Utah Department of Public Safety, other organizations focus efforts on making up for lost time as House Bill 200 aims to help prevent future backlogs
Story by MALLORY BELL
While Salt Lake City has taken the lead in Utah to clear its backlog of untested rape kits, the rest of the state has a lot of catching up to do.
As part of a nationwide effort to improve sexual assault investigations by gathering and analyzing crime evidence and other data, Utah launched an initiative in October 2017 to tackle the issue.
Despite funding from New York City’s District Attorney’s Office to help start the program, Utah still lags far behind other states in testing rape kits for DNA evidence.
The process of testing a rape kits DNA evidence takes up to two years for non-priority cases in Utah, while other states can complete the process within 30 days.
Up to this point, Utah as a state has received three grants for the initiative. One from the district attorney office in New York, and the other two from the nationwide Sexual Assault Kit Initiative, or SAKI, program. The plan is to now request another SAKI fund and see how quickly and efficiently agencies in the state can complete the backlogged kits. The Utah Department of Public Safety is in charge of helping all agencies across the state complete the process correctly.
SAKI is a nationally acknowledged project beginning with New York District Attorney’s office back in 2003. New York decided to then distribute the remaining funds throughout the nation.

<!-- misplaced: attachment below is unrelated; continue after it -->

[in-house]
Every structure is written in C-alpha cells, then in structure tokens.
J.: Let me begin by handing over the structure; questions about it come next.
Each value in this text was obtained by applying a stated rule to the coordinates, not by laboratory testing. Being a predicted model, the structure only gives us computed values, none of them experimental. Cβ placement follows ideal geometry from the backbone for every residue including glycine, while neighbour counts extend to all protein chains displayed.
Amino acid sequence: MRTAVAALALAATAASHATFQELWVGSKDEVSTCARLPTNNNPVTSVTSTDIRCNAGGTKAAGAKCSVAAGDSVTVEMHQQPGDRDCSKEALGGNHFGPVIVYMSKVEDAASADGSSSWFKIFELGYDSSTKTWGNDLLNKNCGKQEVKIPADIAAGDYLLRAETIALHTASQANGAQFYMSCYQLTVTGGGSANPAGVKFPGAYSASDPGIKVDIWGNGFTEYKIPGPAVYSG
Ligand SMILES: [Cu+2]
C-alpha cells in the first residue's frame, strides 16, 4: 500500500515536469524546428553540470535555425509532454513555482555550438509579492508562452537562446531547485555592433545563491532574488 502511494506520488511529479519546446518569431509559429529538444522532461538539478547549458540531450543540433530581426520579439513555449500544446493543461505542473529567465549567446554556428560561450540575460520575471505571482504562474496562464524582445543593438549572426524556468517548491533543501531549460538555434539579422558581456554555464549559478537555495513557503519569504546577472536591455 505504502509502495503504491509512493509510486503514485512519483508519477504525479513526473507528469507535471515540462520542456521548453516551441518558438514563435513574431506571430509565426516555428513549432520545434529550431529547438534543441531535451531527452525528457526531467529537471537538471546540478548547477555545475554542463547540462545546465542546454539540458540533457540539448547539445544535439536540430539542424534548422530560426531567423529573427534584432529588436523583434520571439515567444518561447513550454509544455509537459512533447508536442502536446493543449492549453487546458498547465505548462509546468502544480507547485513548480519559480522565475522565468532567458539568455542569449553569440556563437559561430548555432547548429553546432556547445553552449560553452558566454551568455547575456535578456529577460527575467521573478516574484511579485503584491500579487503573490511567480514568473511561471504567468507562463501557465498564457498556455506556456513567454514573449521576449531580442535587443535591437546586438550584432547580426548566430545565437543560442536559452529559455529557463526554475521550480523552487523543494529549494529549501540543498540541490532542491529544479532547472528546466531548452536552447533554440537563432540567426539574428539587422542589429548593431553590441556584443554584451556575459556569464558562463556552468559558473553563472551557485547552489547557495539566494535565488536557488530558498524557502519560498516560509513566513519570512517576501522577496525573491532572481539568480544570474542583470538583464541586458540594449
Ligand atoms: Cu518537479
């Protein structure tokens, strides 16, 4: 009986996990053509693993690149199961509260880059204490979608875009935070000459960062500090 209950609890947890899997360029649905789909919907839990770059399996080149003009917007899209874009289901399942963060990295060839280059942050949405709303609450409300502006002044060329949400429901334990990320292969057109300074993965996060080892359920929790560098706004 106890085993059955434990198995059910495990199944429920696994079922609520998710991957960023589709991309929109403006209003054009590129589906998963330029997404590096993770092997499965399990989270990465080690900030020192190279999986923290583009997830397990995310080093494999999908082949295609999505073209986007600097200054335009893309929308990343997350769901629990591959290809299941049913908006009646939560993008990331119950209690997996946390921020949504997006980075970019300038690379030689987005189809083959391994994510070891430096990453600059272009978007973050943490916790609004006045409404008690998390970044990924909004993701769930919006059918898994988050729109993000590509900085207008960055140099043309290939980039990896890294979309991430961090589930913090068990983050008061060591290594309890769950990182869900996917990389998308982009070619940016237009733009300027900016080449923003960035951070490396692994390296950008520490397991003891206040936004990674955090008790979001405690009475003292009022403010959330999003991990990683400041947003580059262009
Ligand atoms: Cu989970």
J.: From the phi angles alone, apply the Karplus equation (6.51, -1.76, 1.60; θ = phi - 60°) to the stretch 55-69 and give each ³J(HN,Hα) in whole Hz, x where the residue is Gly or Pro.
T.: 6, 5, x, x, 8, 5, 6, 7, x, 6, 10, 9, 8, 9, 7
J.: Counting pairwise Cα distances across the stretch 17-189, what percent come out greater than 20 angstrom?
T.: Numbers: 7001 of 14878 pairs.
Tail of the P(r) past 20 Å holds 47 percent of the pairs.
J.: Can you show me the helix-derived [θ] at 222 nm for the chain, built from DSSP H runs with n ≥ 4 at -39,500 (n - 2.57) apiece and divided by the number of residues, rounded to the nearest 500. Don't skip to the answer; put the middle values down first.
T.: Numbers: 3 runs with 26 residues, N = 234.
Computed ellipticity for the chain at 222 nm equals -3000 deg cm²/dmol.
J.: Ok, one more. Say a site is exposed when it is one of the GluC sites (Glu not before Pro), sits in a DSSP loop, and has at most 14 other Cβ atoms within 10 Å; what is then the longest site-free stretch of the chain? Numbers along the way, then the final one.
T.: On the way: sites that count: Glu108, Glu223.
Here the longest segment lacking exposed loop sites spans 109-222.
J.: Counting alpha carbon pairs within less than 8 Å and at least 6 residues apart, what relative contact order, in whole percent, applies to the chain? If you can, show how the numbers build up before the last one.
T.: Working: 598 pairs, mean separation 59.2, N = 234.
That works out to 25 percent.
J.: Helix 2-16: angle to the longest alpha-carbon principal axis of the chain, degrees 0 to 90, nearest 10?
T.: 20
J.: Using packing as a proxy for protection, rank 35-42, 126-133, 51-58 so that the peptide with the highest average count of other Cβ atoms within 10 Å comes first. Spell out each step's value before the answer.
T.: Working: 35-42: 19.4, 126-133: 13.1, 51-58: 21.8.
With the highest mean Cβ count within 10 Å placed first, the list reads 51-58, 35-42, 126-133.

Since the project’s beginning in Utah, the Department of Public Safety along with Utah law enforcement have been able to send thousands of kits to private crime labs to expedite the process. The initiative is moving forward in the Salt Lake County, and now officials are trying to help the rest of Utah get up to speed.
“Not all agencies in Utah have currently submitted all of their backlogged kits so far,”said Lauren DeVries, victim advocate for the Utah Department of Public Safety. “We actually have to do an inventory of the entire state to see how many kits each agency has.”
DeVries said there are 2,200 kits that have currently been submitted and a total 2,700 kits throughout the state of Utah. To test the remaining 500 kits they first need to be located, and accounted for, which requires training, new guidelines and additional employees — all of which calls for more time and funds. The Utah Department of Public Safety hopes to receive a grant that will cover the majority of costs for the remainder of the project.
In the past, the kits and evidence of a sexual assault case were not viewed as important in solving the crime. The physical gathering of evidence became obsolete as the testimonies of the perpetrator and victim were often not consistent, causing these cases to be ignored. Nonconsensual contact can be difficult to determine, meaning these cases were not pursued for practical reasons.
“There have been a lot of kits that have been destroyed,” DeVries said, explaining that if police thought the case wouldn’t be prosecuted they’d throw them out to make room for other evidence. “There is value in submitting these kits, and I don’t think we realized the value in it, until recently.”